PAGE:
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Flaubert’s Saint Julian

St Julian the Hospitaller, ChartresIt was Oscar Wilde who said, “The only difference between the saint and the sinner is that every saint has a past, and every sinner has a future.” I don’t necessarily agree with the first part – not that I’m qualified to say – but there’s some hope for us mere mortals in the second.

Having had a bit of a grumble lately about saints not showing their human side, I was reminded of Saint Julian the Hospitaller – as described by Flaubert – and had to change my tune.

Strange that Flaubert the radical realist should choose an ancient and (probably) embroidered tale to re-tell. Some say it was his nostalgia for a faith by which he was surrounded in childhood, but which did not hold water for him as time went on. I wonder if he just got tired of his warts-and-all view of the world, and wanted to be lost in a good old swashbuckling legend.

Either way, his Three Short Works – Saint Julian making one – marked the rise of secularism and decline of spirituality in 19th Century France. (I’d say try Britain in the 21st Century if you think that’s worrying). Despite his usual skepticism, Flaubert was affected by the change, be that from a place of secret sentimentality, social concern, or hard-nosed observation.

Sadly my grade B French O-Level doesn’t stretch to reading it in the original, but the translated text ends:

And this is the story of Saint Julian the Hospitaller, as it is given on the stained-glass window of a church in my birthplace.”

This made me laugh out loud. As though all the intense drama and aesthetic refinement described by Flaubert could be detailed on a stained-glass window, especially one from the 13th Century. The window at Chartres is remarkable for its time, and obviously made an impression on the young writer, but the realism in this case is borne on the wings of his imagination. Delightfully so.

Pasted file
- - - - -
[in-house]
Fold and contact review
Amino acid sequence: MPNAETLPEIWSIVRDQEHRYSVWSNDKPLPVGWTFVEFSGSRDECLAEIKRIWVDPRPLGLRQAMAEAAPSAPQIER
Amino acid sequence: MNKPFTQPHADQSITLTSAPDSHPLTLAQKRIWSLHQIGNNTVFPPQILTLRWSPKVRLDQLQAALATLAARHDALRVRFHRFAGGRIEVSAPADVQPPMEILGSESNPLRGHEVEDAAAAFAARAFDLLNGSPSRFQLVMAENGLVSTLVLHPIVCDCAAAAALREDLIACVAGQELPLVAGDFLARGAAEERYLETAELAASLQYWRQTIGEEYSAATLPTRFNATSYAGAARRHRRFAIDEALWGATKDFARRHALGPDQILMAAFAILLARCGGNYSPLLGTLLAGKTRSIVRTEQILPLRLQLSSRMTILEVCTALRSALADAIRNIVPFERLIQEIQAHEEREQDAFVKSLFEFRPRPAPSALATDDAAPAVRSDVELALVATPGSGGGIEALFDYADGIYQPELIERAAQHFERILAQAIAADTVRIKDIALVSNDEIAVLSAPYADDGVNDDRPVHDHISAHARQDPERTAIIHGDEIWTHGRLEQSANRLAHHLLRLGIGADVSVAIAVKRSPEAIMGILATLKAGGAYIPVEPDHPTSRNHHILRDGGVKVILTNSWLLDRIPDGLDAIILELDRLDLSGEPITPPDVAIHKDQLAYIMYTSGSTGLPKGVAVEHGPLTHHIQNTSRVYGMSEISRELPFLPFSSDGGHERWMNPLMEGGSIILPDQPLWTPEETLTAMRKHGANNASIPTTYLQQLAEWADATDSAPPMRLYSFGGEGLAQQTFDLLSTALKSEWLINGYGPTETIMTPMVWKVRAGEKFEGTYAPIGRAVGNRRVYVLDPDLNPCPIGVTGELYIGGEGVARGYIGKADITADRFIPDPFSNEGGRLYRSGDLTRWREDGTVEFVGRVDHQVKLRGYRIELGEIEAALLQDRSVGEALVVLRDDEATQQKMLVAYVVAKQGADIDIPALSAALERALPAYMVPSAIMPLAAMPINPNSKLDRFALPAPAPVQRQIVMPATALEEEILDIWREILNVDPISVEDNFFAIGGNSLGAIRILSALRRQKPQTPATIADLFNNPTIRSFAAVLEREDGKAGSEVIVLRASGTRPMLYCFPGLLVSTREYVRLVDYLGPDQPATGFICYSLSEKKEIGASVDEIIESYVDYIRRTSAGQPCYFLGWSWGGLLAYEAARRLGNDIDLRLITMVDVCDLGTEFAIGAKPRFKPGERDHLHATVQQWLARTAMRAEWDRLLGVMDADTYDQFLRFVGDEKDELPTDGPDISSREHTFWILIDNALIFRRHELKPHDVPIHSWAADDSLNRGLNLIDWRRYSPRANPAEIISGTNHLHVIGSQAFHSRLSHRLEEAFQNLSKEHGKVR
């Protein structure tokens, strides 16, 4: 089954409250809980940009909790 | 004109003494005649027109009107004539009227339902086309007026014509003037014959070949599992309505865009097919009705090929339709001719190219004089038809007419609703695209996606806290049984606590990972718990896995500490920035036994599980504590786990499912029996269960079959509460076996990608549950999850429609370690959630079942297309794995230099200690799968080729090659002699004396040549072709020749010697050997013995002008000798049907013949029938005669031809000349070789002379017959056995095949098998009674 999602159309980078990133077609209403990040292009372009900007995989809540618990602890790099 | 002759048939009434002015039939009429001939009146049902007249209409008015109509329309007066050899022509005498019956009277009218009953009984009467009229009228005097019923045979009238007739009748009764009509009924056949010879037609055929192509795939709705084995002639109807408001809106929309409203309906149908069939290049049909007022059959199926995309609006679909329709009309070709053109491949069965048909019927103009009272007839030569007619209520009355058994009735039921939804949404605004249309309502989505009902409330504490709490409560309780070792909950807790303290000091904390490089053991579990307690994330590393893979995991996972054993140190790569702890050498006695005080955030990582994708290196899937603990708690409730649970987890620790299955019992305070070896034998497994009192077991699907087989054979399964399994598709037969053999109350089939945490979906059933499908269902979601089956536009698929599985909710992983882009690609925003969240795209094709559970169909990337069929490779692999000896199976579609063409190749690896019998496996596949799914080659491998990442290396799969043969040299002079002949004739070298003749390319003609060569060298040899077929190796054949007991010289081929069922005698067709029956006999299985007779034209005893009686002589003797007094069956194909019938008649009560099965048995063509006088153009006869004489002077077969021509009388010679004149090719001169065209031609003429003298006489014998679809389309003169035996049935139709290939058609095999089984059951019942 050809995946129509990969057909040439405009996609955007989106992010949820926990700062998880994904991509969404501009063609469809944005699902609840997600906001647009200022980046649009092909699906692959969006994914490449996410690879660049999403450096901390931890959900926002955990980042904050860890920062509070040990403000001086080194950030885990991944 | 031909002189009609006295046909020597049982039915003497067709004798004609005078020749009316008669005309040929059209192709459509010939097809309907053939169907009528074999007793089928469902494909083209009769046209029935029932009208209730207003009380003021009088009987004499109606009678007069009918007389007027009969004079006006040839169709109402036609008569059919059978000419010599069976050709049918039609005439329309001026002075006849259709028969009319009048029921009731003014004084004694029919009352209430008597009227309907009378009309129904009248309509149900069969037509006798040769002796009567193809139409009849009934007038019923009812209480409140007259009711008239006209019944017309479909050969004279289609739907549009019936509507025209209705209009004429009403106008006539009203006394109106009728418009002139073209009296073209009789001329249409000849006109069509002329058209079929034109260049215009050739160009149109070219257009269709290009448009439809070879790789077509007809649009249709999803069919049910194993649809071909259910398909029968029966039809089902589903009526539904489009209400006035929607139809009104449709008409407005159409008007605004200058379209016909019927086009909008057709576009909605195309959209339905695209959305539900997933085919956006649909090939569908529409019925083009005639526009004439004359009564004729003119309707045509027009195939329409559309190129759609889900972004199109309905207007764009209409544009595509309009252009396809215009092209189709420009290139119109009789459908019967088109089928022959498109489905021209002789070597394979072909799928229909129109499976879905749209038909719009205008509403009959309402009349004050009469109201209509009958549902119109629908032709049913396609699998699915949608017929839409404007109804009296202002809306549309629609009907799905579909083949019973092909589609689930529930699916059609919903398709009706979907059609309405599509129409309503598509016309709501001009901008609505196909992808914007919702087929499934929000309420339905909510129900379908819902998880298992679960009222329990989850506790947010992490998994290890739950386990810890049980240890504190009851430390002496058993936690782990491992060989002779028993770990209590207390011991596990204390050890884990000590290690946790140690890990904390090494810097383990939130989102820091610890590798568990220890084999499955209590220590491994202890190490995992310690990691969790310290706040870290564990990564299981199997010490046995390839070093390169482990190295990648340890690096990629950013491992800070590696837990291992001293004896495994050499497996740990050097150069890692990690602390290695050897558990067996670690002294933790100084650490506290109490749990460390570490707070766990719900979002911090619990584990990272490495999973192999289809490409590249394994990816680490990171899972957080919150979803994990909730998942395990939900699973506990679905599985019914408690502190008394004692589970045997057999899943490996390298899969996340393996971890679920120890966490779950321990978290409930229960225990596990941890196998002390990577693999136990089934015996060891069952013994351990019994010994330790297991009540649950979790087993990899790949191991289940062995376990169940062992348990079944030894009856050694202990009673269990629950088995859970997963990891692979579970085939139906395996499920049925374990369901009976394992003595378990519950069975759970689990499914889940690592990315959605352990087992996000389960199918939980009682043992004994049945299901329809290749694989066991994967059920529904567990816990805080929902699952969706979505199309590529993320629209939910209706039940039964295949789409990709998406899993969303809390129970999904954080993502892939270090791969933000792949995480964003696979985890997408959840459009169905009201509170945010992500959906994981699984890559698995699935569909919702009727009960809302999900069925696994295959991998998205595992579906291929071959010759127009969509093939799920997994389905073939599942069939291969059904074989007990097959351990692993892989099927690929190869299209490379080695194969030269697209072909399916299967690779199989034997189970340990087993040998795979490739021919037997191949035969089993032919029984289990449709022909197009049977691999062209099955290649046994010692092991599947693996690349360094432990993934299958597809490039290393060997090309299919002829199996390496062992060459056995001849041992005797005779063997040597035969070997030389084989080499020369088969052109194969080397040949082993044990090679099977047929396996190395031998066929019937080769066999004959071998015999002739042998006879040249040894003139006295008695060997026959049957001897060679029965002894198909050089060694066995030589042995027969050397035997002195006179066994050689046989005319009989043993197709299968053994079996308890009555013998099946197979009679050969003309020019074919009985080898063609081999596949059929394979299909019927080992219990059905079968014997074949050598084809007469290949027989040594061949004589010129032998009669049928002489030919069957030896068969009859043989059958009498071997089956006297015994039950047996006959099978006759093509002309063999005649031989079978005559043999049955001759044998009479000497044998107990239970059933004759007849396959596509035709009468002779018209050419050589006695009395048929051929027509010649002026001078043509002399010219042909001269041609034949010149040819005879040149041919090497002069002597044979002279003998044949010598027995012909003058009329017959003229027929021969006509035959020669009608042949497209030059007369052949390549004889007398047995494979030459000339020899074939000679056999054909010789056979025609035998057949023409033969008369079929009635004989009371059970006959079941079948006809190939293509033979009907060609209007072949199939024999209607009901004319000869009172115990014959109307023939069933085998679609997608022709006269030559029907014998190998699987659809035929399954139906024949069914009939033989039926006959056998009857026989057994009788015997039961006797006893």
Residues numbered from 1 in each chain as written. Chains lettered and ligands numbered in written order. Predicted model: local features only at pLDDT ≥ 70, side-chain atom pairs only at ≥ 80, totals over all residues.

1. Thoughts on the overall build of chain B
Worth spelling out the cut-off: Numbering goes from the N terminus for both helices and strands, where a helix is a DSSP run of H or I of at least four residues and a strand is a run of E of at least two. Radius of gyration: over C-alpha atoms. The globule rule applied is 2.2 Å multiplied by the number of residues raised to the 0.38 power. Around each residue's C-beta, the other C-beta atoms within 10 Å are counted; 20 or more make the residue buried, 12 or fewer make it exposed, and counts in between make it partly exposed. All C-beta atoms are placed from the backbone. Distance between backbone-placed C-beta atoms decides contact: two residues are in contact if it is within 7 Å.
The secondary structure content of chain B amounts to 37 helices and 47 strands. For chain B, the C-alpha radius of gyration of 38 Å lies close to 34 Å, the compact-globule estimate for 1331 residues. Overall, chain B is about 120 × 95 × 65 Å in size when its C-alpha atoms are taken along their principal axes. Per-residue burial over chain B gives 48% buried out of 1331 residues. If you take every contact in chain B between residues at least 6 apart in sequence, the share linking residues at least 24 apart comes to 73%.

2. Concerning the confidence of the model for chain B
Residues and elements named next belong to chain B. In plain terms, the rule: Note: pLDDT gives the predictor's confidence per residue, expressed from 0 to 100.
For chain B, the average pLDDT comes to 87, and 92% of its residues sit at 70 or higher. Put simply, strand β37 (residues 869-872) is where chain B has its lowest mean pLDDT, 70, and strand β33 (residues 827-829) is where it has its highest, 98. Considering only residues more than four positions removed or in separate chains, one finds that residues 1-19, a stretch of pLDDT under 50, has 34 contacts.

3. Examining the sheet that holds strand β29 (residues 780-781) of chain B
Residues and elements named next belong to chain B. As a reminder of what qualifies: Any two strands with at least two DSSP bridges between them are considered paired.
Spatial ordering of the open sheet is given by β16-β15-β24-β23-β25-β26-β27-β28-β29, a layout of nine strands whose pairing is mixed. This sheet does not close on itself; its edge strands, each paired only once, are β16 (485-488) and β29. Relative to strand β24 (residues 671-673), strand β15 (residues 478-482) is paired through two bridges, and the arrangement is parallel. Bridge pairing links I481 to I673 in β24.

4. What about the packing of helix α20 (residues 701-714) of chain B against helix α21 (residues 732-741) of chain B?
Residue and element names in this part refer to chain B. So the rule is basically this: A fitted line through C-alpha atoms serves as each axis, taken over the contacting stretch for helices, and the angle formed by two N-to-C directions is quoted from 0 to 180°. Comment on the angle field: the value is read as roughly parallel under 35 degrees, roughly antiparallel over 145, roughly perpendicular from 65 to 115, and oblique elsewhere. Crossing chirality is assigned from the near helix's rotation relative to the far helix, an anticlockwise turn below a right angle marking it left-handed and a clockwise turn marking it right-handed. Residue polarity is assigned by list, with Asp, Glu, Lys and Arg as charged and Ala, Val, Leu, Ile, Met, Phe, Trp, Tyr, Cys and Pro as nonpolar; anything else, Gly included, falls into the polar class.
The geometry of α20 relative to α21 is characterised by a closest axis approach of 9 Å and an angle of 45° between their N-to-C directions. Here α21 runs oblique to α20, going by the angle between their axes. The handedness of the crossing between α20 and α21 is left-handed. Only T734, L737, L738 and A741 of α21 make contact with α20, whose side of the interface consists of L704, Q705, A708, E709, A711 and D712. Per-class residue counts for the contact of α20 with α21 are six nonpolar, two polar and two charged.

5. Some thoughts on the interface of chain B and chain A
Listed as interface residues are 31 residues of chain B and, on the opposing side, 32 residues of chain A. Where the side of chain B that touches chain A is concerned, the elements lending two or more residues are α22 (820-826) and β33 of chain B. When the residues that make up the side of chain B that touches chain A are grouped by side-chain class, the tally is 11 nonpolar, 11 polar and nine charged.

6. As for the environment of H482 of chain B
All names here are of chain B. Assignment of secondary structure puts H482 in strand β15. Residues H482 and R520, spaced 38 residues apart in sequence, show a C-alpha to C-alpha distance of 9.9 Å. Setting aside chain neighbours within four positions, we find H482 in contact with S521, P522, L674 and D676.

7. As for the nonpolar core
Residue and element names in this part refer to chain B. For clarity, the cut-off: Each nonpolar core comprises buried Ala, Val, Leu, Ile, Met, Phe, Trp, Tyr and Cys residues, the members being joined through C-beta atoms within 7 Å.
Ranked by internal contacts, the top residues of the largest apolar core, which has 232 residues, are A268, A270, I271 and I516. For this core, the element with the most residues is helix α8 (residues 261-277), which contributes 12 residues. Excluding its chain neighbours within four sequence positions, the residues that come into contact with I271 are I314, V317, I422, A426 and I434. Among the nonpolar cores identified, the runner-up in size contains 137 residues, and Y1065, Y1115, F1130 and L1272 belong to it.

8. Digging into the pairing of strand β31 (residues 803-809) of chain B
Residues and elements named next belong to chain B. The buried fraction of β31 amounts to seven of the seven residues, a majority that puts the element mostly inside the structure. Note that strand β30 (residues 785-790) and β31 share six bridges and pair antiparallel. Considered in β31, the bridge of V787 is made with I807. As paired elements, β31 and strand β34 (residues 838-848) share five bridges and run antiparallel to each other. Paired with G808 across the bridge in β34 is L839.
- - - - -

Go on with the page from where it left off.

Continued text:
Having spoiled the punchline already, I won’t spoil the story if you haven’t read it, but it’s a cracking tale of transformation. Julian’s father is told by a soothsayer that his son will marry into the family of an emperor, and his mother is told he’ll become a saint. So it sounds like he has it all mapped out nicely, but that’s not taking into account the prediction he will murder both his parents.

Young Julian certainly has a nasty streak – killing countless animals for sport and vainglory – but he dotes on his parents and does all he can to avoid his fate. Ultimately he’s haunted by the animals he’s slaughtered, and after emerging from a deep terror, leaves home with the dual intention of protecting the local community and staying away from his parents for their own good.

St Julian the Hospitaller, Franz MarcAnd so as not to give away the best part, that’s where I’ll leave Julian, as pictured above in the window at Chartres. In contrast, here he is as Franz Marc saw him – now in the public domain courtesy of the Guggenheim. Not sure if this is Julian in his hunting phase, in which case the animals are cowering from him. I like to think it’s after he’s renounced hunting, so they’re curled up safely asleep. Anyway, refreshing to see such a lively-looking saint.

From Guggenheim to Gutenburg, Flaubert’s Three Short Works are also in the public domain. A Simple Soul is my favourite, but she will have to wait for another time. There’s also an audio book – useful if you suffer from chronic insomnia, but I recommend reading Saint Julian from the page at least, and in a swashbuckling voice. À chacun son goût.

E-book: www.gutenberg.org/ebooks/10458
Audio: www.gutenberg.org/ebooks/21604


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